There is something singularly touching about this midrash. The Torah relates that, of the twelve spies who were sent—one from each tribe—ten brought back a discouraging, defeatist report; Joshua and Kaleb alone told the people that it would be possible to come into the land. Joshua, who was already then Moses’ second-in-command, was to become his successor; together with him, Kaleb was the only one, not only among the spies, but of the entire generation of those who were adults at the time of the Exodus, who were allowed to to survive the forty years of wandering and enter into the Land.

Our aggadah picks up on a small turn of language—the use of the word vayavo, “and he came,” rather than vayavo’u, “and they came”—to infer that the part of the mission involving Hebron involved only one person: Kaleb. Our aggadah shows Kaleb aware of the danger of being caught up with the other spies in denouncing Moses and the whole project of attempting to conquer and settle the land of Canaan/Israel, notwithstanding the divine promises. In order to overcome this, he decides to visit Hebron, the site of the graves of the patriarchs, and to ask their intercession on his behalf to resist this temptation.

There are two interesting and problematic points here. First, the idea of seeking assistance from the souls of the dead is strange, and seems to go against the prohibition against necromancy. Why cannot a person pray to God directly?! And yet, we know that, then as now, the graves of the righteous are considered places where prayer is somehow more efficacious; indeed, pilgrimages to the burial places of tzadikkim, whether in Israel, in North Africa, or in Eastern Europe, attract thousands and even tens of thousands of the faithful. The official explanation offered to justify this practice is that one is not praying to the dead, but asking their good offices as intercessors in Heaven, by virtue of their righteous deeds, on behalf of the petitioner. On the other hand, there are those more rationalist teachers who frown on the practice (e.g., Rav Soloveitchik writes against this in Halakhic Man). Nevertheless, even the most rationalist rabbis visit the graves of their own immediate family on yahrzeits and such occasions. In any event, this aggadah suggests that such a practice was already known in antiquity.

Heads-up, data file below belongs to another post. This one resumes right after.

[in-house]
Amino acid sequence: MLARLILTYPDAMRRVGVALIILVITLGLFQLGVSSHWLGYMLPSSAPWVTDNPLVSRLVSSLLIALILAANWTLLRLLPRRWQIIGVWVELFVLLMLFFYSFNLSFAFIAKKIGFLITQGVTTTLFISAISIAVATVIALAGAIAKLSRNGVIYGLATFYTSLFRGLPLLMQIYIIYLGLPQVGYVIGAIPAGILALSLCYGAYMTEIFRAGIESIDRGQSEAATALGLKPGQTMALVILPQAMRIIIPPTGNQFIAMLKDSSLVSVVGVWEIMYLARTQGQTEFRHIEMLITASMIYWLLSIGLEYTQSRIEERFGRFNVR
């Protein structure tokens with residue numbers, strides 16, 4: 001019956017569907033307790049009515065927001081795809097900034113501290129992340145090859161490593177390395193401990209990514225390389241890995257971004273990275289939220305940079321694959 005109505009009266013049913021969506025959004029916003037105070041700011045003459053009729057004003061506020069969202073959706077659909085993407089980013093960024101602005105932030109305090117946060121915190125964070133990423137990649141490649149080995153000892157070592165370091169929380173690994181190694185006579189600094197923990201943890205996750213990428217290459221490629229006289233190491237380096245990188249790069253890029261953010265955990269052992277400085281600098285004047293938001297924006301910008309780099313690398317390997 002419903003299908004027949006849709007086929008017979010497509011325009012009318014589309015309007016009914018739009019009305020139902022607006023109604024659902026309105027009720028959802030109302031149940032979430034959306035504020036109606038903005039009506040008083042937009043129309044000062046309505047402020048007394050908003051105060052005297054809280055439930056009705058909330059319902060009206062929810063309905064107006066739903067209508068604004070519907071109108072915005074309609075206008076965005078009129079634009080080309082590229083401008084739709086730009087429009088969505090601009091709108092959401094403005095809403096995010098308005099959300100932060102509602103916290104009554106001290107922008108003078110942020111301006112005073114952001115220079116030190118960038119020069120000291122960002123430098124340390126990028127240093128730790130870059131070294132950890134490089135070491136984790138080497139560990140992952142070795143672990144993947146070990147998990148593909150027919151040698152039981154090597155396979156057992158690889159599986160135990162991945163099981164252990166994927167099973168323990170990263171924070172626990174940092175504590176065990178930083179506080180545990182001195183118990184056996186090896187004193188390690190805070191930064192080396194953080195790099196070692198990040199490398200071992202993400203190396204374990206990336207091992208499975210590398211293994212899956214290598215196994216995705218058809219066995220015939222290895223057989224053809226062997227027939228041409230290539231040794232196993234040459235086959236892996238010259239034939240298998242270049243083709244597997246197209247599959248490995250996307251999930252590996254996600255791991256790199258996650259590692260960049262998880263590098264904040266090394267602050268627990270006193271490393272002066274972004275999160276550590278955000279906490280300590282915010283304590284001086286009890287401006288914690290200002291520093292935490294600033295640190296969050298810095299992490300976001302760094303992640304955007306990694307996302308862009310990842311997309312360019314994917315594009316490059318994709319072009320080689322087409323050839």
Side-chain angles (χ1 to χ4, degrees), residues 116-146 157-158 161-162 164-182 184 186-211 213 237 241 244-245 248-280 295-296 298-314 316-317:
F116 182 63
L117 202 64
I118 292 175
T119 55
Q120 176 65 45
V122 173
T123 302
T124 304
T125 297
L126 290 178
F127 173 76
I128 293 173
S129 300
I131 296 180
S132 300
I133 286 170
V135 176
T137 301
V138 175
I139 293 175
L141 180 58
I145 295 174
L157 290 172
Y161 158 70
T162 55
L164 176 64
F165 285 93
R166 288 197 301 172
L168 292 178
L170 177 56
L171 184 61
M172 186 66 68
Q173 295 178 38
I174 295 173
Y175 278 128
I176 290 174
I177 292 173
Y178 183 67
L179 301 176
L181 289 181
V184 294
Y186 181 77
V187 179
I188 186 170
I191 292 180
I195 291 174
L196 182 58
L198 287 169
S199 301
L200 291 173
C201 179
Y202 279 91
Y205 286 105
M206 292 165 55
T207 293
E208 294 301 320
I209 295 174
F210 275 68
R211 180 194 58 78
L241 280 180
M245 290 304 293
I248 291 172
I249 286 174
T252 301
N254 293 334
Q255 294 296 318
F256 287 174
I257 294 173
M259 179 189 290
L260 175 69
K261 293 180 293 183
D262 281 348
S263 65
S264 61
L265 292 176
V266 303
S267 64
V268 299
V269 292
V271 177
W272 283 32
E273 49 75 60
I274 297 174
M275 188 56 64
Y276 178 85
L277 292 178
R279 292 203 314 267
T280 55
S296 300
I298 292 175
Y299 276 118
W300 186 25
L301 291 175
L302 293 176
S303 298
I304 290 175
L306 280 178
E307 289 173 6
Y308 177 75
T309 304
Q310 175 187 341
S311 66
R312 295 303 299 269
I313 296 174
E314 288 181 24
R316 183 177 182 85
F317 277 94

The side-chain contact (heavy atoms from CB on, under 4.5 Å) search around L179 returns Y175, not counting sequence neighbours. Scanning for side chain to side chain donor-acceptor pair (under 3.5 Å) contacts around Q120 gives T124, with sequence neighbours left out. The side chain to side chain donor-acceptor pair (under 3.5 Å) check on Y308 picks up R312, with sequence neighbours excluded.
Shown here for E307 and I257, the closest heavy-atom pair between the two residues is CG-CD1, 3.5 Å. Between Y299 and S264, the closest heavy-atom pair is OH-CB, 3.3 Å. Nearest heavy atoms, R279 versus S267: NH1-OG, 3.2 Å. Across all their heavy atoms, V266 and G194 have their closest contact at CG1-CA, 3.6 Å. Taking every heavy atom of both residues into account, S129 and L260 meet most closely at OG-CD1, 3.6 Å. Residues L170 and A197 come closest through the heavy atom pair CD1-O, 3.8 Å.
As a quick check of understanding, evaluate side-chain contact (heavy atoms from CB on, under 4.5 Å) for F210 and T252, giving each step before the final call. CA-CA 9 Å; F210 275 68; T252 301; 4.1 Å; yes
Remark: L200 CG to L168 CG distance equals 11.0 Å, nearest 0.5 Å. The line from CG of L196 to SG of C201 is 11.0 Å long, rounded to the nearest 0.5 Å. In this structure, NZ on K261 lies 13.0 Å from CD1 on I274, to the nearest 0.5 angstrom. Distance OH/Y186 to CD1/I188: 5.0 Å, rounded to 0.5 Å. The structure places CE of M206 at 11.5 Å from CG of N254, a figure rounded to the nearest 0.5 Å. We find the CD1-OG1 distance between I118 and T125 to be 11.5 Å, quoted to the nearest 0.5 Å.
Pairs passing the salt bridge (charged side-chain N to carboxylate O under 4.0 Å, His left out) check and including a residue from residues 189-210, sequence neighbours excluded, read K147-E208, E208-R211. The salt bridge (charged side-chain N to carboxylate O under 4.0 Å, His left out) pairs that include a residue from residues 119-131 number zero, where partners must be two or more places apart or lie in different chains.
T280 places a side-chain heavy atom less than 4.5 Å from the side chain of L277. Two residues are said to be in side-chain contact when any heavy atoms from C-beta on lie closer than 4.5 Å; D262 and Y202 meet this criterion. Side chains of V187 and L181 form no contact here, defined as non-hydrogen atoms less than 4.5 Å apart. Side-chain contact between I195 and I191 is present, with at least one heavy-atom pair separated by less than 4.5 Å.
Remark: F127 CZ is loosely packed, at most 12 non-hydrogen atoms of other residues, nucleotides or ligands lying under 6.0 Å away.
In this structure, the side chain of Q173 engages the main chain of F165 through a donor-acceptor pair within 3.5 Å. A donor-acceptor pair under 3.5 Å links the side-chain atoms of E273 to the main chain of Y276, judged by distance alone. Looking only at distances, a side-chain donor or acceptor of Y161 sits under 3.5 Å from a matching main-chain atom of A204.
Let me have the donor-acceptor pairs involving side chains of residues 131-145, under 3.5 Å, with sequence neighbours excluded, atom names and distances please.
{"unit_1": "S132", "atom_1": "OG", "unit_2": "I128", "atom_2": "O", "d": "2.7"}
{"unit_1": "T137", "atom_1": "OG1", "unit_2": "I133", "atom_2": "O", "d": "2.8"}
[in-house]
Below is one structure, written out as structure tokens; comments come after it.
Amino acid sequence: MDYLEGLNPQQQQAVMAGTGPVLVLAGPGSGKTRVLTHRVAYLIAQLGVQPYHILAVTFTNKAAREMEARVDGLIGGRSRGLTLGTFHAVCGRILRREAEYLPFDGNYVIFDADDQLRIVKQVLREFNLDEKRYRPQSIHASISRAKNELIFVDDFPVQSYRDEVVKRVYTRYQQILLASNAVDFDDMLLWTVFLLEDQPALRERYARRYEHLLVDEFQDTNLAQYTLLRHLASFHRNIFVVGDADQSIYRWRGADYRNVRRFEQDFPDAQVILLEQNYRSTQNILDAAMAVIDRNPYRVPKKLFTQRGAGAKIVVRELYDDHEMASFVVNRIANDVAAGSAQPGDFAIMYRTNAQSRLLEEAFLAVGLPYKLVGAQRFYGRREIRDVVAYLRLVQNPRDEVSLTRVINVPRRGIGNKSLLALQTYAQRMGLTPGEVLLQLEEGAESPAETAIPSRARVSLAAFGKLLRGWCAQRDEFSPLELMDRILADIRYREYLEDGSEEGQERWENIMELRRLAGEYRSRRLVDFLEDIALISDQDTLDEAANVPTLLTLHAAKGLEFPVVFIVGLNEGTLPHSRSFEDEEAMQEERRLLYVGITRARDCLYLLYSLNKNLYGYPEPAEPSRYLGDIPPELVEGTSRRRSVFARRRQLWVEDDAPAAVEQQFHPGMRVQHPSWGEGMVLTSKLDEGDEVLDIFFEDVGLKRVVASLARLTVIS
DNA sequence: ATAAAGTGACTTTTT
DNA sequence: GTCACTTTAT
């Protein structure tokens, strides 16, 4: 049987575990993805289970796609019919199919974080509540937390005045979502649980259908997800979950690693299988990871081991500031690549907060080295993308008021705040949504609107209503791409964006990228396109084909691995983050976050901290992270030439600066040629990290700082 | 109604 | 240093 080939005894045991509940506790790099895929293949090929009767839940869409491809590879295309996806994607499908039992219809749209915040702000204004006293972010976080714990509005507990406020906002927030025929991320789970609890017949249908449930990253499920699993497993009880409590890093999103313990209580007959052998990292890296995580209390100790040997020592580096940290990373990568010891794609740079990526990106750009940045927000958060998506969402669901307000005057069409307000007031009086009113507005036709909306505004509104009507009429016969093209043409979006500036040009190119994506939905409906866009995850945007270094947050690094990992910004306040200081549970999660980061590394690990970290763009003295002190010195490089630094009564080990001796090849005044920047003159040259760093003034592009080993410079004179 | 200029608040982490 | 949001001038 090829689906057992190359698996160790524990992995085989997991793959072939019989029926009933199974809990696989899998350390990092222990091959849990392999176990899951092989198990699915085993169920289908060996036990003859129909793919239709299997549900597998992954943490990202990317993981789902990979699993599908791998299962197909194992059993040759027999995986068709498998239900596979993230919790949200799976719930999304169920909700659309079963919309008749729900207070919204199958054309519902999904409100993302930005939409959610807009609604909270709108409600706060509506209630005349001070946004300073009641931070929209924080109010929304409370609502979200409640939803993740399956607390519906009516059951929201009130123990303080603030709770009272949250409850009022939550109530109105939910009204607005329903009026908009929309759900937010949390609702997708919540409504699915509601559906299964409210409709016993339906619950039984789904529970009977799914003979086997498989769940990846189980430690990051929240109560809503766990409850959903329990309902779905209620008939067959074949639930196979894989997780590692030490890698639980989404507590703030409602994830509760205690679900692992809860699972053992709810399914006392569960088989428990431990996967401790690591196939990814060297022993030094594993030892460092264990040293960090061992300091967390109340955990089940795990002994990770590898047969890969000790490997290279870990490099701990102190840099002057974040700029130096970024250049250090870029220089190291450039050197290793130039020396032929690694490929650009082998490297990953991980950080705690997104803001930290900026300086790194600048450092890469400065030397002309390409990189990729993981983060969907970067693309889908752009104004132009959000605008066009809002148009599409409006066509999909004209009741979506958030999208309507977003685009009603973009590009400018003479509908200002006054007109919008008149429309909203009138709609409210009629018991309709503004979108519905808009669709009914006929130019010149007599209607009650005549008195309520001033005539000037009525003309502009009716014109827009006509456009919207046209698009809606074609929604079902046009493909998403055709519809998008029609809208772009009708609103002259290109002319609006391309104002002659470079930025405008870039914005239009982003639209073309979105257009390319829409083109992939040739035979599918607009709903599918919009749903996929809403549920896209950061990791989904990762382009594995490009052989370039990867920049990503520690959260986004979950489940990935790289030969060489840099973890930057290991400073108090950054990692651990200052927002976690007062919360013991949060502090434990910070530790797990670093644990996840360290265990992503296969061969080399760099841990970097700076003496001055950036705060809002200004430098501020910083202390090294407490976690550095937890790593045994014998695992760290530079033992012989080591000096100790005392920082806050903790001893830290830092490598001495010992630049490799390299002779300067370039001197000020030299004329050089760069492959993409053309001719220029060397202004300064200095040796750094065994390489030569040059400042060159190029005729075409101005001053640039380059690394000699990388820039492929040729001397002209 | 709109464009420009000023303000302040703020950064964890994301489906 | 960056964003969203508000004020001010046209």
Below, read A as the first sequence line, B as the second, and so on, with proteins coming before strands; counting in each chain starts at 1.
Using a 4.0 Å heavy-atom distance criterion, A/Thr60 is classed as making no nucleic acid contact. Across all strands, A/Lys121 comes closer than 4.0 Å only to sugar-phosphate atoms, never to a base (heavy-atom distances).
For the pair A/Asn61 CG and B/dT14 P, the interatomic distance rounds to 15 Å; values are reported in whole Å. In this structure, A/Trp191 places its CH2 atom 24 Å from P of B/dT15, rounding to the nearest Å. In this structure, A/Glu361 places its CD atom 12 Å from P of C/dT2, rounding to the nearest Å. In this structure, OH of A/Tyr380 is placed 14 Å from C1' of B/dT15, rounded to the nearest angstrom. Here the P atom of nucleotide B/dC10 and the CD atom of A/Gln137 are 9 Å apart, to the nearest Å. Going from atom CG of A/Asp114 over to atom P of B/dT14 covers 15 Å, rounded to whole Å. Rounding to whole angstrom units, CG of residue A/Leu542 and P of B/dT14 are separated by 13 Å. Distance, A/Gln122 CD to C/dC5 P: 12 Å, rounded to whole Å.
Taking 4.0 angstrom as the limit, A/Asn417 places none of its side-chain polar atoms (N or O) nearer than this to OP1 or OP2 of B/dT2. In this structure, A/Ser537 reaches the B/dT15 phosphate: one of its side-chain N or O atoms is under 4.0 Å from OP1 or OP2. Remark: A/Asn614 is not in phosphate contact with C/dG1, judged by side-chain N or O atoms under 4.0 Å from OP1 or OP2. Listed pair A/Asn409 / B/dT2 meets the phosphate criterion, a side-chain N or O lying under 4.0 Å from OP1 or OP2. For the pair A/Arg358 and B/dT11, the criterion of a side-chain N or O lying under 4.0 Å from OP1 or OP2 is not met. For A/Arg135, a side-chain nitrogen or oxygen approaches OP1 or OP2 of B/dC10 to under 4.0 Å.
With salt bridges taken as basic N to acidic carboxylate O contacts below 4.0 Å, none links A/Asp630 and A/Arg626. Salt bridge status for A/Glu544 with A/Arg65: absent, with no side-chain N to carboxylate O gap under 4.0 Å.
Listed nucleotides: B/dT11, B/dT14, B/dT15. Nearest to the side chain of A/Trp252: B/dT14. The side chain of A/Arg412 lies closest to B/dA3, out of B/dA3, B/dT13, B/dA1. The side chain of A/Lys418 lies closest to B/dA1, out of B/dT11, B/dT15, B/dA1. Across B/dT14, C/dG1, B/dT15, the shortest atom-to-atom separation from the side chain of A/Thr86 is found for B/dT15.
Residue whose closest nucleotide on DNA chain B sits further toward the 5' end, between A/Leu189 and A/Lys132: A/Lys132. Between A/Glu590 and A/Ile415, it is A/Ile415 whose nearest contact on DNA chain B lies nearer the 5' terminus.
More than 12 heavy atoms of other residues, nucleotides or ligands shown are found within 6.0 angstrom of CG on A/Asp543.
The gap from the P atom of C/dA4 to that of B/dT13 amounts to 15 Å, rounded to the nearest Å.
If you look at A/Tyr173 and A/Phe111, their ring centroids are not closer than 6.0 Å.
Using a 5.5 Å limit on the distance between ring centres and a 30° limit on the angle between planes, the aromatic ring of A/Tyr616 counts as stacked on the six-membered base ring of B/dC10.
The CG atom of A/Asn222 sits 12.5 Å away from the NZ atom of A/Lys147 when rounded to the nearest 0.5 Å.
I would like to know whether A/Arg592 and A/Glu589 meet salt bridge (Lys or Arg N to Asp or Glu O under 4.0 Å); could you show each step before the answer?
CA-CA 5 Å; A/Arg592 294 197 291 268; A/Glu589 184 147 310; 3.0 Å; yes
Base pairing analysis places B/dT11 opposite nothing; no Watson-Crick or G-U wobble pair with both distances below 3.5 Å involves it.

The second point about this story which I find quote touching is that Kaleb is portrayed here as asking divine help in resisting the counsel of the spies. Generally speaking, prayer involves request for Divine help against some external obstacle or threat: illness; famine, drought, and the concomitant threat of poverty; war; personal enemies who attack one and besmirch one’s name, etc. All these are repeated motifs in the prayer-psalms that dominate the first three-fifths of the Book of Psalms.

Here, Kaleb asks something else: that God help him to overcome his own impulse or temptation to join in the destructive plan of the meraglim. Clearly, our midrash is keenly aware of the dangers of social pressure: that the average person tends to conform to the opinion of those surrounding him; that it is far easier to agree with the consensus rather than to articulate an honest but unpopular view and to make one’s own truthful voice heard in face of the likelihood or even certainty of criticism. Kaleb, unlike Joshua, was not made of the stuff of a real leader, but he knew the truth, and he knew that he was confronting a test in which his own powers of stubborn resistance would be tested—and he did not want to be found wanting. On second thought, perhaps his journey to the Cave of Makhpelah in Hevron had an additional significance: he knew that the patriarchs, each in his own way, were stubborn men, who resisted the easy path and stood up against others when that was demanded (Avraham ha-Ivri—“he was on one side and the entire world on the other side”). Perhaps Kaleb sought inspiration from them for the test he would confront by visiting the site of their earthly remains, and thereby somehow coming as close as possible to their presence.